Arik Hesseldahl raises an interesting point about the inherent advantages of Software Defined Networking (SDN) in his article entitled ‘IBM and Some College Students Aim to Simplify Data Center Disaster Planning‘ on the website All Things D.
The basic premise is that when things go wrong, due to cloud and software-defined systems not being constrained by hardware location, reprovisioning can take place far quicker than has traditionally been the case. The reprovisioning is often neccessary when disaster strikes, with floods and hurricanes being examples of natural forces which can knock hardware out and leave systems vulnerable or even useless.
Now however, IBM and students of Marist College have been working on ways to integrate the use of SDN in order to dramatically reduce time to get back online.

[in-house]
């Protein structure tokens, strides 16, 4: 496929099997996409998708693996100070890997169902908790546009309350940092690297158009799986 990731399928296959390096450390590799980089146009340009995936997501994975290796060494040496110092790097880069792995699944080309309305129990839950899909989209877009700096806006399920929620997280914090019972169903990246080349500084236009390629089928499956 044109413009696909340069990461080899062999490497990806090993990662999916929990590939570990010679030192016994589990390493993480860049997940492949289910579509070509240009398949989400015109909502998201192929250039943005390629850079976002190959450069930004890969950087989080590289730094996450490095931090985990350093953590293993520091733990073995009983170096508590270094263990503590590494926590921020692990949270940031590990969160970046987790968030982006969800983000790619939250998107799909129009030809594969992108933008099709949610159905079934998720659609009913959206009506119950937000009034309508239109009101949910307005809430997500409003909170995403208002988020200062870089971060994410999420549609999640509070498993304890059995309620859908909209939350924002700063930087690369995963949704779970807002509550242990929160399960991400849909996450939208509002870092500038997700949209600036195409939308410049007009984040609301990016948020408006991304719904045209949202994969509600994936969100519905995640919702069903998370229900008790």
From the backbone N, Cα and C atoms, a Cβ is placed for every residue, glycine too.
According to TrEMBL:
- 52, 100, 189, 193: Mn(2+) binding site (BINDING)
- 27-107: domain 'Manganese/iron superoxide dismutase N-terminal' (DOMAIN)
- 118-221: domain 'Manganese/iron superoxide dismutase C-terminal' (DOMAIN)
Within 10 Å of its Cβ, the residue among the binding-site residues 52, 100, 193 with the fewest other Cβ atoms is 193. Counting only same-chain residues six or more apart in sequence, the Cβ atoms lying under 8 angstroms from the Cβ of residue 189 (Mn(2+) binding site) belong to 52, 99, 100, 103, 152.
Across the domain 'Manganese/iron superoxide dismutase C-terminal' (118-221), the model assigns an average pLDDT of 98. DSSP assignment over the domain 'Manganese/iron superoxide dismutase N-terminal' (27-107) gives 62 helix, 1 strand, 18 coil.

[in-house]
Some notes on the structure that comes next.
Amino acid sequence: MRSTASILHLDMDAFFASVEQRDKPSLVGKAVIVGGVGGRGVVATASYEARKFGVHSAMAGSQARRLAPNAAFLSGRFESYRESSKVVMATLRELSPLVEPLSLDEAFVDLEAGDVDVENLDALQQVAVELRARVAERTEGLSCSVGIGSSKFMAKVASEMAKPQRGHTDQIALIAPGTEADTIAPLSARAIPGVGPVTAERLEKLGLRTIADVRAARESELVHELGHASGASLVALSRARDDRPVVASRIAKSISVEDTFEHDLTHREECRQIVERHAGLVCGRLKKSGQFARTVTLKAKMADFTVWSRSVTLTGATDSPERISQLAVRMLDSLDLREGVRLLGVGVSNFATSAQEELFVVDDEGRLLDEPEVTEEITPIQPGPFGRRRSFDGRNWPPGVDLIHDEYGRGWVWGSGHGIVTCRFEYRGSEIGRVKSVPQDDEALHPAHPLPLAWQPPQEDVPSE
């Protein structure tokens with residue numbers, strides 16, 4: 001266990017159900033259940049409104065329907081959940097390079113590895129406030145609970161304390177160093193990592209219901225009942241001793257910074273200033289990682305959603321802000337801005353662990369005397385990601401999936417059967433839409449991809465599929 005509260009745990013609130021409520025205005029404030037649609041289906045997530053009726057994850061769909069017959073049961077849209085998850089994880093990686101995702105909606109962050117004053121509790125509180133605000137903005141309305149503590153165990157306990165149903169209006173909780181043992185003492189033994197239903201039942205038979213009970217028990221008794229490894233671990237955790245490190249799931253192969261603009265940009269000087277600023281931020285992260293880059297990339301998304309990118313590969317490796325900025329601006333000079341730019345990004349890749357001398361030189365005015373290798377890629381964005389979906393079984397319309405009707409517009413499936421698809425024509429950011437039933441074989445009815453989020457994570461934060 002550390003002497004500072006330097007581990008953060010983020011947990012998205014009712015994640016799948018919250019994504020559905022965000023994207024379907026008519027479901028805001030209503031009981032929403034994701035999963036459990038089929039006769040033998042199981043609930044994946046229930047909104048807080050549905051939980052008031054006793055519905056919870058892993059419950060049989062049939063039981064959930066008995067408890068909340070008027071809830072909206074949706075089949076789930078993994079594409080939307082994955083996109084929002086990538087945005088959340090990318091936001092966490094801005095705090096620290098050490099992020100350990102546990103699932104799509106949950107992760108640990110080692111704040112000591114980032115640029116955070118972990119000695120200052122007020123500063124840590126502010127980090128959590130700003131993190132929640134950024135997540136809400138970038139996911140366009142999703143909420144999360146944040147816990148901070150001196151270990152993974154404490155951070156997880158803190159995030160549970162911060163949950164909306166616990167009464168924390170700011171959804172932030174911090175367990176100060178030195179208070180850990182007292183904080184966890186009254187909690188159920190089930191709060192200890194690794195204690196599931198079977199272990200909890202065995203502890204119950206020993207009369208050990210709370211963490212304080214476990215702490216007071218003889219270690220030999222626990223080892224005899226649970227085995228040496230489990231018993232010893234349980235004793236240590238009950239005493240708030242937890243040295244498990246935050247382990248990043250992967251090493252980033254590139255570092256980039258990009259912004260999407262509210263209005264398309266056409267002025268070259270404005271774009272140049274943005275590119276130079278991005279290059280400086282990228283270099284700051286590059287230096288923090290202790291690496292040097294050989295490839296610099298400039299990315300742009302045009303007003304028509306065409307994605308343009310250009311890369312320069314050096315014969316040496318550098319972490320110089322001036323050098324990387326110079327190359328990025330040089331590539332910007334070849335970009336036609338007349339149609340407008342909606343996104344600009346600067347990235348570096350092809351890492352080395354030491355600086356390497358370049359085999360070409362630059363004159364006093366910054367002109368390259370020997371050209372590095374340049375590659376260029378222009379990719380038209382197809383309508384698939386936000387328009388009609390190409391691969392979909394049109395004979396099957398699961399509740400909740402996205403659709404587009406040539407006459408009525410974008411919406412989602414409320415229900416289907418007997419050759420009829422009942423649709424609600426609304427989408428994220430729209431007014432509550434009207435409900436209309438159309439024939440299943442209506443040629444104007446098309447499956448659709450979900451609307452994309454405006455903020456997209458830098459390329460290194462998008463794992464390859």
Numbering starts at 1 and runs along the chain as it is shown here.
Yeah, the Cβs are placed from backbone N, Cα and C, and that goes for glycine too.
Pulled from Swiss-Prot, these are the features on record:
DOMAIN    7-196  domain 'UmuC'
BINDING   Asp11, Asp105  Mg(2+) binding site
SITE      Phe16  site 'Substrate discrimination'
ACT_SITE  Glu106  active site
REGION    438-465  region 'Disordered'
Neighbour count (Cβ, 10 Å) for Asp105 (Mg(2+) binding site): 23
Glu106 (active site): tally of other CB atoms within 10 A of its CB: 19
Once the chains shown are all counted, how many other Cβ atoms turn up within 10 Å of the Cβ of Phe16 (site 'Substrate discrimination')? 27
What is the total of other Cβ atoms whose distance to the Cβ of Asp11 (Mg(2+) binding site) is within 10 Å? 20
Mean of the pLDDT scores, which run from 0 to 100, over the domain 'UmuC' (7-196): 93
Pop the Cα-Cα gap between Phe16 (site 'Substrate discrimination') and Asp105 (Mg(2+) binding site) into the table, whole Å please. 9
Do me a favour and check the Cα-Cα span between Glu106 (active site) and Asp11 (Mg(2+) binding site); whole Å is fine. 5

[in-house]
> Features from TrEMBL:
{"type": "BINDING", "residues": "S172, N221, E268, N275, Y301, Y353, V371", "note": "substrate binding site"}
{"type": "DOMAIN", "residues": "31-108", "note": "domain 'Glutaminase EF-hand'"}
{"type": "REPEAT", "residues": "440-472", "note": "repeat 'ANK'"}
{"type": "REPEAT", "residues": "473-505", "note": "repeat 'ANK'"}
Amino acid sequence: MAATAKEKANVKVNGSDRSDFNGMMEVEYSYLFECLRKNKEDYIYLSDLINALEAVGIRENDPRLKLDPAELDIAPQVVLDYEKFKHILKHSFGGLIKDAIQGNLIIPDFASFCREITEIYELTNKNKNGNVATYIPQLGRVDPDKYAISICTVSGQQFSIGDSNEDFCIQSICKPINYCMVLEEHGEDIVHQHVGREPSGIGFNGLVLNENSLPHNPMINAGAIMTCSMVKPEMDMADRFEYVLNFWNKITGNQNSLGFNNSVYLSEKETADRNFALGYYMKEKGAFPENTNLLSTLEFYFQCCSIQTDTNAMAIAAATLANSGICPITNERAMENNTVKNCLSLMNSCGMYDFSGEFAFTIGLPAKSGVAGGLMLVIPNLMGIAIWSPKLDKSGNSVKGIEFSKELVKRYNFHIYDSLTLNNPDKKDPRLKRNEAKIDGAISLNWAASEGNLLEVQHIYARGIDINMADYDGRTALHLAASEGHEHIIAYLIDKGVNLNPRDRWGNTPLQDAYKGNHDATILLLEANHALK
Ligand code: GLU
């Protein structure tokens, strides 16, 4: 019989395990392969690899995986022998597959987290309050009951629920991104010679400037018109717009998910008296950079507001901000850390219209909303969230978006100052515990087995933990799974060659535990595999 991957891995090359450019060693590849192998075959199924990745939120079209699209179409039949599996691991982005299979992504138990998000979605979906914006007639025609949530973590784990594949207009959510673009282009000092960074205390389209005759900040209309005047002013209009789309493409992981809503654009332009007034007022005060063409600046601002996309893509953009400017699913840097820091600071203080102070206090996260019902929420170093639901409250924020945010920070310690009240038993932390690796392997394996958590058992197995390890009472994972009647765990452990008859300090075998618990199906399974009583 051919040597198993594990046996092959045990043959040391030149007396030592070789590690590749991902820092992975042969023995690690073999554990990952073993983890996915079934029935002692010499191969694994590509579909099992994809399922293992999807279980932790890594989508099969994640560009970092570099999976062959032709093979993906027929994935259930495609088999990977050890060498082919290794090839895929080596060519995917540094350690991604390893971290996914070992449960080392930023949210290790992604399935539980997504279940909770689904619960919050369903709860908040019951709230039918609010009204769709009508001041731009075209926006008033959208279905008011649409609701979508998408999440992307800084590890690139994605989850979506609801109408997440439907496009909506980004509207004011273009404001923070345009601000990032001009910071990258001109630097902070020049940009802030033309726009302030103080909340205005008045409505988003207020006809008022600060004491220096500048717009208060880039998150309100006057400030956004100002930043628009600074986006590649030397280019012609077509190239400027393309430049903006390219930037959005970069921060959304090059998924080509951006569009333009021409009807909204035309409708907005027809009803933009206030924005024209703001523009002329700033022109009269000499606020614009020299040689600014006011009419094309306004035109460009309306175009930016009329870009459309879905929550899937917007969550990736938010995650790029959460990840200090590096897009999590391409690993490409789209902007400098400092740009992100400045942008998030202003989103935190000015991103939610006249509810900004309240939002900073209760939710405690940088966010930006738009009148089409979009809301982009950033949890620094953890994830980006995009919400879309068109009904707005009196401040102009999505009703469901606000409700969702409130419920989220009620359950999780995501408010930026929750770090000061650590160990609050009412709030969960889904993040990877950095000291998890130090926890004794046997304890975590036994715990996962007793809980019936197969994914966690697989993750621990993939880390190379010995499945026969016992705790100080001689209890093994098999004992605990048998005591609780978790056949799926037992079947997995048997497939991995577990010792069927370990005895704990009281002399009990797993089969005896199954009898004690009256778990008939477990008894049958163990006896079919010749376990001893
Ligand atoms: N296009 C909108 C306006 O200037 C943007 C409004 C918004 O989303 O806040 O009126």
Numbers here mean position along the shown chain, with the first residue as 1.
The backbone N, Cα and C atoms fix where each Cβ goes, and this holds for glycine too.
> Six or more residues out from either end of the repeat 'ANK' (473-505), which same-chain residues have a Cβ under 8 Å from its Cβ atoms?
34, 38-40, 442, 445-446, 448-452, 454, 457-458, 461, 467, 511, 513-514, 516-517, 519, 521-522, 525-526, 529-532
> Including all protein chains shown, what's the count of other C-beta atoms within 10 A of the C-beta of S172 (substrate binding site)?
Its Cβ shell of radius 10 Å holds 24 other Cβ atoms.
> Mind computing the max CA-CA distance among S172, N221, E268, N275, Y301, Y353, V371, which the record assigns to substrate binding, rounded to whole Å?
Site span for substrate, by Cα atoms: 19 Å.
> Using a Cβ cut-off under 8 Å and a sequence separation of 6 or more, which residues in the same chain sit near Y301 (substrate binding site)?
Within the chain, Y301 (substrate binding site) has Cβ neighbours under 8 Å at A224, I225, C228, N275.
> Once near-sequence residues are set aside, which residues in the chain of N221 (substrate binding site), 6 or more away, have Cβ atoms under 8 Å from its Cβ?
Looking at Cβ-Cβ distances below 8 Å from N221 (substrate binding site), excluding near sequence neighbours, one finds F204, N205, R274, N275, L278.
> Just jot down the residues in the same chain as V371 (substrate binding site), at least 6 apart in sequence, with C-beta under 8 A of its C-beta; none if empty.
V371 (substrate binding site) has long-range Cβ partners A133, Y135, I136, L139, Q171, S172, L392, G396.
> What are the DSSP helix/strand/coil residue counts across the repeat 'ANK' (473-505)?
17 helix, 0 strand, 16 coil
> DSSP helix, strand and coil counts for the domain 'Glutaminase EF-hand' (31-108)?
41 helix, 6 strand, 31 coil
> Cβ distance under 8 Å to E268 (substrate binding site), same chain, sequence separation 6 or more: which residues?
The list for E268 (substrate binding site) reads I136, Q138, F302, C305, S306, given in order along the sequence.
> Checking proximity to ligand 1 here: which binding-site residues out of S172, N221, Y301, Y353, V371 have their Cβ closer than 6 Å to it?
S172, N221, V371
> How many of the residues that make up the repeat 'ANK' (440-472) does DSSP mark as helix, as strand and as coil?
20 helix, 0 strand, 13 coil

As Arik writes: “The best part of this invention is that it allows everything to be done remotely. With software-defined networking, adding to or changing the composition of networks inside the data center is handled by tweaks to software rules and not by adding or subtracting more hardware.”
Not only is this good news for companies who may lose money through being offline, but it’s even more important for critical installations and infrastructure in disaster scenarios such as transport, radio hospitals, etc.
“For a few weeks last year [after Hurricane Sandy], communicating was a real challenge in the storm zone. Power was out. Networks were stretched to the limit, in part because of a surge in demand, but also because a lot of the underlying equipment required to run them was offline or damaged.”
It seems increasingly likely that SDN will play a major part in not only improving business efficiencies, but in keeping critical systems afloat and reducing chaos in trying times too.